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The summaries on this website are summaries of the opinions issued by the judges of the Bankruptcy Court for the Western District of Virginia from October 2004 to date. The opinions may be searched by year, judge, category and chapter. For a more detailed search, enter a keyword in the search box above. This opinion bank, however, is not an exhaustive list of opinions issued by the judges of the Western District. These summaries are not intended to replace other research methods, but may be used as a starting point for your research. These summaries do not contain information as to whether an opinion has been published, appealed or the disposition of any such appeal, or otherwise overruled or affected by subsequent case law or statute. These summaries have been prepared for the convenience of the researcher and in no way constitute an interpretation by the Court of the opinion summarized. Please rely on the opinion not the summary. Please contact Judge Connelly's chambers or Judge Black's chambers regarding any questions or errors.

In re Hall (Case No. 16-61894) 06/30/2017

The United States Trustee asserted that the totality of the debtor’s financial circumstances demonstrated abuse of the provisions of chapter 7 of the Bankruptcy Code under section 707(b)(3)(B).  The United States Trustee therefore moved for dismissal of the case pursuant to section 707(b)(1).  The primary dispute focused on the debtor’s ability to pay in light of expenses associated with a house the debtor owned in addition to expenses associated with another house owned by the debtor’s non-filing spouse.  Examining the factors set out in the Fourth Circuit decision in Green v. Staples (In re Green), 934 F.2d 568 (4th Cir. 1991), the Court failed to find evidence sufficient to support a showing that in this case the debtor’s financial circumstances demonstrated abuse.  Accordingly, the Court denied the motion to dismiss.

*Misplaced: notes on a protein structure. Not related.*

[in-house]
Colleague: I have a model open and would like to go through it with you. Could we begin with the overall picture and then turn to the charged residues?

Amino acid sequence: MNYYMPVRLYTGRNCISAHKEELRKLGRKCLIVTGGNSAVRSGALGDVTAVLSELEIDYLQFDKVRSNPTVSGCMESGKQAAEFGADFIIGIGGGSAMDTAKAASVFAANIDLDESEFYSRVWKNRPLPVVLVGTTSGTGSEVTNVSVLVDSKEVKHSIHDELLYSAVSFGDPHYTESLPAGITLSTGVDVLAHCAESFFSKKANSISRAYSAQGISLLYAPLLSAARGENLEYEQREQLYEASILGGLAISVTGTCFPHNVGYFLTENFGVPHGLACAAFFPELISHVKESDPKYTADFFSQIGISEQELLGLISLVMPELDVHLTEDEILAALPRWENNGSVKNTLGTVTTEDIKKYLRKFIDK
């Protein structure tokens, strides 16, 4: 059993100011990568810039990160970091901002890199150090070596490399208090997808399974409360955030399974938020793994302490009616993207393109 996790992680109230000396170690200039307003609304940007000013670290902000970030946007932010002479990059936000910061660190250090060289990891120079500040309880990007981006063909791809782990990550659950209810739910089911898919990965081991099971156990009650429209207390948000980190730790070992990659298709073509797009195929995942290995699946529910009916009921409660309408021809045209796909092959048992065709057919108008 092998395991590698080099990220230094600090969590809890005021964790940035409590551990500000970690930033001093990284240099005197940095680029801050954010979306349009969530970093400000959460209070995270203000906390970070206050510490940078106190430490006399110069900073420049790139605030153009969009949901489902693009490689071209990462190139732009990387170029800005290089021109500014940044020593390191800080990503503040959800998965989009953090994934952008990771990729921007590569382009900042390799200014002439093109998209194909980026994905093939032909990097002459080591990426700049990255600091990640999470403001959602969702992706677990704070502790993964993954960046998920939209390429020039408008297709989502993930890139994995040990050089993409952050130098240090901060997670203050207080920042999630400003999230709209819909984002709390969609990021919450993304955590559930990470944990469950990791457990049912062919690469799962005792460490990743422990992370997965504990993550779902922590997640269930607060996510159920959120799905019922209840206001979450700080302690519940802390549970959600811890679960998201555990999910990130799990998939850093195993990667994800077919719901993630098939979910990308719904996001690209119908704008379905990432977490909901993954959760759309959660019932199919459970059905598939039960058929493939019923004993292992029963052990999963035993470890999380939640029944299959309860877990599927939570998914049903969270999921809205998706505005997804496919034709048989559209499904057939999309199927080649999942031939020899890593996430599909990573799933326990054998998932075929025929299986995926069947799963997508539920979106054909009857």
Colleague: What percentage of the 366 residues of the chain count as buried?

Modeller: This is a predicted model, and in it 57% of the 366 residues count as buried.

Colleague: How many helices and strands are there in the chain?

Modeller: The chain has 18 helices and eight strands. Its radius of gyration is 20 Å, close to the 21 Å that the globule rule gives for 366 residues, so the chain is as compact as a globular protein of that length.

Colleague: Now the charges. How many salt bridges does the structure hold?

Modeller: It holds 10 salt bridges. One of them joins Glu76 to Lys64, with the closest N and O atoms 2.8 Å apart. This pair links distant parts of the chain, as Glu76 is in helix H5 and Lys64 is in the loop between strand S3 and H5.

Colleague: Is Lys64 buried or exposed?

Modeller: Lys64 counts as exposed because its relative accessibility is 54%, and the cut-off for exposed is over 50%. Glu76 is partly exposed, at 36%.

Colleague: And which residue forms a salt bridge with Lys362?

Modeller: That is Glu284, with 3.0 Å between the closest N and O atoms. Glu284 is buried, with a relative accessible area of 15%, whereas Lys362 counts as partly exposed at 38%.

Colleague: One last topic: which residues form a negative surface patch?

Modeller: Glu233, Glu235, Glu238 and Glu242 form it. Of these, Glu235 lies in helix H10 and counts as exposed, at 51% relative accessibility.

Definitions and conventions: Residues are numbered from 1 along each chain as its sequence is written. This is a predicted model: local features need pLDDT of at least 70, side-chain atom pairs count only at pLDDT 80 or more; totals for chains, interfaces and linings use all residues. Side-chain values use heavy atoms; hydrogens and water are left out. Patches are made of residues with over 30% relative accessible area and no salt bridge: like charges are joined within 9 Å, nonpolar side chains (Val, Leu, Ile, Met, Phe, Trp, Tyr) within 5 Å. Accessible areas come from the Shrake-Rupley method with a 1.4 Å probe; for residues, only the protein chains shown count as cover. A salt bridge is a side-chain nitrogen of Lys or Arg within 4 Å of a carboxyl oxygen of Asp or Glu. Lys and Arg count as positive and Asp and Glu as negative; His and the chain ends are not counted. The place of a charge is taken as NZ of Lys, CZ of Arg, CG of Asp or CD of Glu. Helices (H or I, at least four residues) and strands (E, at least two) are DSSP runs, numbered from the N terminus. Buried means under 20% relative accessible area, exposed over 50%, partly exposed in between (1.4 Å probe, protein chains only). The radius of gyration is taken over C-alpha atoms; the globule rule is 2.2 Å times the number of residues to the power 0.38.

Benson v. United States (In re Benson) (Case No. 16-70245, A.P. No. 16-07023) 4/3/2017

The Court addressed the question of whether a Debtor's claimed exemption in her tax overpayment supersedes the government's right to setoff of the overpayment against a prior unpaid tax liability.  The IRS challenged the Court's jurisdiction to address the Debtor's complaint, claiming sovereign immunity was not waived under Section 505 of the Bankruptcy Code.   However, the Court found that 11 U.S.C. § 106(a) specifically waived sovereign immunity for actions brought in connection with 11 U.S.C. § 522 and 11 U.S.C. § 553, which formed the basis of the complaint.  In addition, Section 106 allows the Bankruptcy Court to "hear and determine any issue arising with respect to the application" of those provisions to the IRS.  Accordingly, the Court found sovereign immunity was abrogated as to the resolution of these matters and that the Court had jurisdiction to proceed to resolve the matter on the merits.  As to the merits of the case, recognizing a growing split of authority on the issue, the Court ruled that the Debtor's right to claim an exemption in her tax overpayment pursuant to 11 U.S.C. § 522 is subordinate to the government's nonbankruptcy right of setoff preserved by 11 U.S.C. § 553.